In June 2022, the United States Supreme Court ruled in Vega v. Tekoh that defendants in criminal cases who are not advised of their Constitutional right to avoid self-incrimination according to Miranda v. Arizona—the landmark case that established the familiar “right to remain silent” warnings—may not seek civil damages under 42 U.S.C. § 1983.
What exactly does this mean for those accused of crimes? One thing is clear—the Fifth Amendment right protecting individuals from compelled self-incrimination is still intact.
Brief Summary of Vega v. Tekoh
Terence Tekoh, a certified nursing assistant, was interrogated by Los Angeles Police Department deputy Carlos Vega for allegations of sexual assault. Vega did not advise Tekoh of his rights under Miranda—the right to remain silent, the right to have an attorney present during questioning, or the warning that should Tekoh choose not to remain silent, his statements may be used against him in court.
Tekoh confessed during the interrogation, and his un-Mirandized confession was admitted at trial. Tekoh was acquitted, but he subsequently sued Vega for civil rights violations and sought damages under § 1983. The 9th Circuit found that admission of an un-Mirandized statement at trial violates a defendant’s Constitutional rights and supports a claim for damages under § 1983. The U.S. Supreme Court disagreed.
Understanding the Laws Discussed in Vega v. Tekoh
The Fifth Amendment to the Constitution protects against compelled self-incrimination. In practice, this works in two ways:
- A defendant has the right to refuse to testify against themselves in court or in any other proceeding that may incriminate them in future criminal proceedings.
- Self-incriminating out-of-court statements obtained by coercive or other forced means are inadmissible as evidence against the accused.
In Miranda v. Arizona, the Supreme Court determined that safeguards were needed to prevent violation of Fifth Amendment rights during police interrogation of suspects in custody. The now well-known Miranda warnings encompass comprehensive warnings that courts have deemed effective in protecting against Constitutional Fifth Amendment violations.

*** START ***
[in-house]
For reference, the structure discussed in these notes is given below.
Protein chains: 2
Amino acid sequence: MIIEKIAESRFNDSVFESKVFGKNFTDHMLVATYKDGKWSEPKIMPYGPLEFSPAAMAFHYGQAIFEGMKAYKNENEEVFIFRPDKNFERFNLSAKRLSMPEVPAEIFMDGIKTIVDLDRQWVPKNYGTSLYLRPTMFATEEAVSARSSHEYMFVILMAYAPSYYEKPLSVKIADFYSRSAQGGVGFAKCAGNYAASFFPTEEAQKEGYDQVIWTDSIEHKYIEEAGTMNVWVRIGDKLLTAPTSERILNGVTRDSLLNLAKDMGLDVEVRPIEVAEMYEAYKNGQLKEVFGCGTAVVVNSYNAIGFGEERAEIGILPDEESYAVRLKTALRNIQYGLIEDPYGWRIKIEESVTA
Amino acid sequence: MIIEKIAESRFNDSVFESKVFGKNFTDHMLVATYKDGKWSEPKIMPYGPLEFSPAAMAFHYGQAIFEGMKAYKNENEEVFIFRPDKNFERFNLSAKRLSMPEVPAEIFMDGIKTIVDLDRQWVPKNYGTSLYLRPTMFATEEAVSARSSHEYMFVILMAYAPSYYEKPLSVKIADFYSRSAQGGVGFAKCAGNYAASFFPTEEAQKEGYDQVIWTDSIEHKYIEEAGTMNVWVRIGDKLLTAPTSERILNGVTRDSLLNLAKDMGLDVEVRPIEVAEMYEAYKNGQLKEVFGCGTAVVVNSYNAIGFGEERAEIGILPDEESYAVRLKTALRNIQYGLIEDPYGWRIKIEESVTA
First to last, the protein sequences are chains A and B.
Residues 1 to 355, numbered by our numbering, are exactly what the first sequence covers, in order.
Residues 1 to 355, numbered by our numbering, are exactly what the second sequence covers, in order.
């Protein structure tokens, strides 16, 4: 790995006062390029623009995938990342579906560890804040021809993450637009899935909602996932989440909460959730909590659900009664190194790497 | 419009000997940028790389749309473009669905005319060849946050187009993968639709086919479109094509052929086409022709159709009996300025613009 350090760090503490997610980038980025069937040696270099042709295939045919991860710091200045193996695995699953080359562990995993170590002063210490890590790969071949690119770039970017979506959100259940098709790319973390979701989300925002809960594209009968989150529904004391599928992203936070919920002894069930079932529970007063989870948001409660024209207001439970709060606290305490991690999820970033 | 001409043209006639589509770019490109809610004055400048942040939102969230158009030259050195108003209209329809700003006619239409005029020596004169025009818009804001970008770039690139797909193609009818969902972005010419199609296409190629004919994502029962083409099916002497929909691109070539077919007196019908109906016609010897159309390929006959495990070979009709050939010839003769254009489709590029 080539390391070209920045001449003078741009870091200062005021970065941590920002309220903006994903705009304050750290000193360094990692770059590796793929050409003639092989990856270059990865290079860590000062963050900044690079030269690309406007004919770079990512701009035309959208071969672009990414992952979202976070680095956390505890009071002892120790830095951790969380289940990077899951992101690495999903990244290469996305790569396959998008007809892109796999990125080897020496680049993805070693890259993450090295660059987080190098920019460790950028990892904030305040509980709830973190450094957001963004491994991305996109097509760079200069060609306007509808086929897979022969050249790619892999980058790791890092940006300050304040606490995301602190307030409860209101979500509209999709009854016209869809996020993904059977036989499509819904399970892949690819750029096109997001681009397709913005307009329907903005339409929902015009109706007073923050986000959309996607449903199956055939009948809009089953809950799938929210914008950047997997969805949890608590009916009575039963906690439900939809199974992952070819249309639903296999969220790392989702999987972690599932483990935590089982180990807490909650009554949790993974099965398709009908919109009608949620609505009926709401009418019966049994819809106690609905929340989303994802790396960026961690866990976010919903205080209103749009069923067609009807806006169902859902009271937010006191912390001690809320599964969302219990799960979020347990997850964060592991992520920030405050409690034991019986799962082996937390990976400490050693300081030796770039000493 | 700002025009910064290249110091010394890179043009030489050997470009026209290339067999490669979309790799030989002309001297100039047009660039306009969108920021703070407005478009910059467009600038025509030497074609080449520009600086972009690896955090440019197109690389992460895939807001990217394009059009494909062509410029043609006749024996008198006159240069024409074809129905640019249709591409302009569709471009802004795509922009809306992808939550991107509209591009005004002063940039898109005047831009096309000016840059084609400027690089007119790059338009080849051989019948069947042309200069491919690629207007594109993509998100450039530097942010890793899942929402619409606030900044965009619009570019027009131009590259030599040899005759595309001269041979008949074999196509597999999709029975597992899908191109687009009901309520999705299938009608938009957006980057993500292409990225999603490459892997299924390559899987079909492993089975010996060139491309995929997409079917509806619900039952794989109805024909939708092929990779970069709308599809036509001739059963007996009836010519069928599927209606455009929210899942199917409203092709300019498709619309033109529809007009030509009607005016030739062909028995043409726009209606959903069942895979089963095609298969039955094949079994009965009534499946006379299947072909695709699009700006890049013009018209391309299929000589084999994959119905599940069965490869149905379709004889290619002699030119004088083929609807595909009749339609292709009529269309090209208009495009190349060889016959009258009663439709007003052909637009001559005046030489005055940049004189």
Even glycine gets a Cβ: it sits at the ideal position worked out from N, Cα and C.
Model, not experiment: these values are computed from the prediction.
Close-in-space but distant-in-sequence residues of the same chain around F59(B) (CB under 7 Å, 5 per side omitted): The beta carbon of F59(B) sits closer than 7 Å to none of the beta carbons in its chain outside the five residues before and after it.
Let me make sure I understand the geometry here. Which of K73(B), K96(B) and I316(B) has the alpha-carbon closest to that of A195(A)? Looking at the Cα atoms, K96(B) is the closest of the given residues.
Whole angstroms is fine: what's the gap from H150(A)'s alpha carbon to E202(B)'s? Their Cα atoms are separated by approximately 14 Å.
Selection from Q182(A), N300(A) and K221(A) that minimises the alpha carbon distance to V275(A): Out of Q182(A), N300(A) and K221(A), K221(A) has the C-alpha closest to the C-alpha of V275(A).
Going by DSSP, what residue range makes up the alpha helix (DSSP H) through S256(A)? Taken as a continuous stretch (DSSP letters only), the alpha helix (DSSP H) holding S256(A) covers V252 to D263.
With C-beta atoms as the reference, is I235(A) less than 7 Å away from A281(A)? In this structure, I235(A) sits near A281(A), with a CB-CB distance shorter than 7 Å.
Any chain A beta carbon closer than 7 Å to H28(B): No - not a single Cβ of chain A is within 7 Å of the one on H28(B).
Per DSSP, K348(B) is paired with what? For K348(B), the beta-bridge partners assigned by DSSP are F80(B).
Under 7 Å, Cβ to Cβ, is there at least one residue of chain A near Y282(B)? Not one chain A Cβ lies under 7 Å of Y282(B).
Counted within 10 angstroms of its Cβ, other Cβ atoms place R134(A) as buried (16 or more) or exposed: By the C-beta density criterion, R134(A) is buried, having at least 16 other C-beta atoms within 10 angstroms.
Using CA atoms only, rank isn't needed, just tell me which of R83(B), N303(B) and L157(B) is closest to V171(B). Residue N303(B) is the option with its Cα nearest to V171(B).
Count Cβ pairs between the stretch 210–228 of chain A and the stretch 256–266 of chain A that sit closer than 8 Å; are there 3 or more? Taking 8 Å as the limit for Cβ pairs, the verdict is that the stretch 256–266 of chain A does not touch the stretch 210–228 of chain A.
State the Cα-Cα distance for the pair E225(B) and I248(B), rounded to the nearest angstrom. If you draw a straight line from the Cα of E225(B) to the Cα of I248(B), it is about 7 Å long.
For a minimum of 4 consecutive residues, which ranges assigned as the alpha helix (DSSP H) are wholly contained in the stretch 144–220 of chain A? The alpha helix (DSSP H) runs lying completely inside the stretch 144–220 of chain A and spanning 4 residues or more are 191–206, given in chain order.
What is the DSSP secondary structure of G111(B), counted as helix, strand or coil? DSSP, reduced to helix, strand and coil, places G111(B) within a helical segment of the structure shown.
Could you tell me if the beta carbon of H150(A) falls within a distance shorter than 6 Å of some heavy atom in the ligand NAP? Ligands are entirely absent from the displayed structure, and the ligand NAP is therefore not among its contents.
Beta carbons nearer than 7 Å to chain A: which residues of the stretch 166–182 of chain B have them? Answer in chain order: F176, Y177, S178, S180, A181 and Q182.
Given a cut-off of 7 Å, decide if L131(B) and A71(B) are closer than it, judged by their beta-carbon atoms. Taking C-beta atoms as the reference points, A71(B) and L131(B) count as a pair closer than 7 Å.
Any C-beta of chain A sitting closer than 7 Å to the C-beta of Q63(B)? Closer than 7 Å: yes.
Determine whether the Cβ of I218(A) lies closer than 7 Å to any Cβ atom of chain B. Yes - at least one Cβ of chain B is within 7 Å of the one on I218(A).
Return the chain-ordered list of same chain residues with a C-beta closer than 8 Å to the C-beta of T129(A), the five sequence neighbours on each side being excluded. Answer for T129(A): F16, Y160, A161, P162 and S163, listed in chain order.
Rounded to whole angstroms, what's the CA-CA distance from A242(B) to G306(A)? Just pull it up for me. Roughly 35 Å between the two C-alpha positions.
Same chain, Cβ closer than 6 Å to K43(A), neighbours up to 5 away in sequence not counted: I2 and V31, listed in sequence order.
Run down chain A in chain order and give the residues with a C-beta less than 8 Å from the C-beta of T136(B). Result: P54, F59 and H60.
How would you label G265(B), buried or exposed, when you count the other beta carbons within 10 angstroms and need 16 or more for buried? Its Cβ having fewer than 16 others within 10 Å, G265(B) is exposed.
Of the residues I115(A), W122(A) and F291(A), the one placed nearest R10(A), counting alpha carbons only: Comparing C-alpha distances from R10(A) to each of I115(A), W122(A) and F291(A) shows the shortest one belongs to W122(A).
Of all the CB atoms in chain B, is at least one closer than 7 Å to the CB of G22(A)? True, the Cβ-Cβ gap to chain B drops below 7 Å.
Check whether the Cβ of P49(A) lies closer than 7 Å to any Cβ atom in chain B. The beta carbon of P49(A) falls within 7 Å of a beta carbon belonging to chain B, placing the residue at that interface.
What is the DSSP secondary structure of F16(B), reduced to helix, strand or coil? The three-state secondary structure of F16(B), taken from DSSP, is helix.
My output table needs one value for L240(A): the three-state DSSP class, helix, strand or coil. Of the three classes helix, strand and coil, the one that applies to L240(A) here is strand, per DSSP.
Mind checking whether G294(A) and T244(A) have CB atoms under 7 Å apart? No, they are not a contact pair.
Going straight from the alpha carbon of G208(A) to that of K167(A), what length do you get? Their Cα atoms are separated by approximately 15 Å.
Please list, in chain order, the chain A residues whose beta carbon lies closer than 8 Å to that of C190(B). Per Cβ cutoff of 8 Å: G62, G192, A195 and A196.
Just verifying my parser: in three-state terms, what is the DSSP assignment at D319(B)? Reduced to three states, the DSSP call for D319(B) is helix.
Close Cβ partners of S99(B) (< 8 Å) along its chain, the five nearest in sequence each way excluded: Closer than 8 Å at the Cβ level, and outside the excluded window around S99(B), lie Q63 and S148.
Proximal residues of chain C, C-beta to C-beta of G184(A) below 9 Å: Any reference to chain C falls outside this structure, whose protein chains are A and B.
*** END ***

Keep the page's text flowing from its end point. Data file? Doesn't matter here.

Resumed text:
Section 1983 is a federal law that allows people to seek money damages from government actors who have violated a Constitutional right. A plaintiff must have been denied a right guaranteed by the Constitution to have a valid claim under § 1983.
Vega’s key issue was whether Miranda rights are Constitutional rights (the Court said no). The Court explained that Miranda warnings are one way to protect against Fifth Amendment violations, but failure to Mirandize a suspect is not in itself a Fifth Amendment violation.
Miranda Protections Haven’t Changed
So, what does this mean for those accused of crimes? It means they can’t seek money damages if a police officer fails to advise them of their Miranda rights during questioning. Miranda rules exist to help prevent Constitutional violations. Your Constitutional rights haven’t changed. Miranda rules haven’t changed. You still have the right to refuse to answer questions without an attorney present. You still have the right to refuse to serve as a witness against yourself in a criminal proceeding or any other proceeding in which your answers could implicate you in a crime. Police will (or should) still advise you of your right to remain silent if you’re placed in custody.
Although the prosecutor will always fight you, you generally have the right to proceed to trial without having your un-Mirandized statements admitted as evidence. You at least have the right to seek to have those statements excluded. That hasn’t changed either. Even the majority opinion in Vega acknowledges this. But as the dissenting opinion in Vega expresses, the latest ruling “injures the right by denying the remedy.”
What Vega did was prohibit you from seeking money damages for a civil rights violation under § 1983 from a police department or other government entity based on failure to advise you of your Miranda rights.
If you are being investigated or have been arrested for a crime, contact the criminal defense attorneys at Kreis Enderle for an experienced legal team that will help protect your rights and fight for the best possible outcome in your case.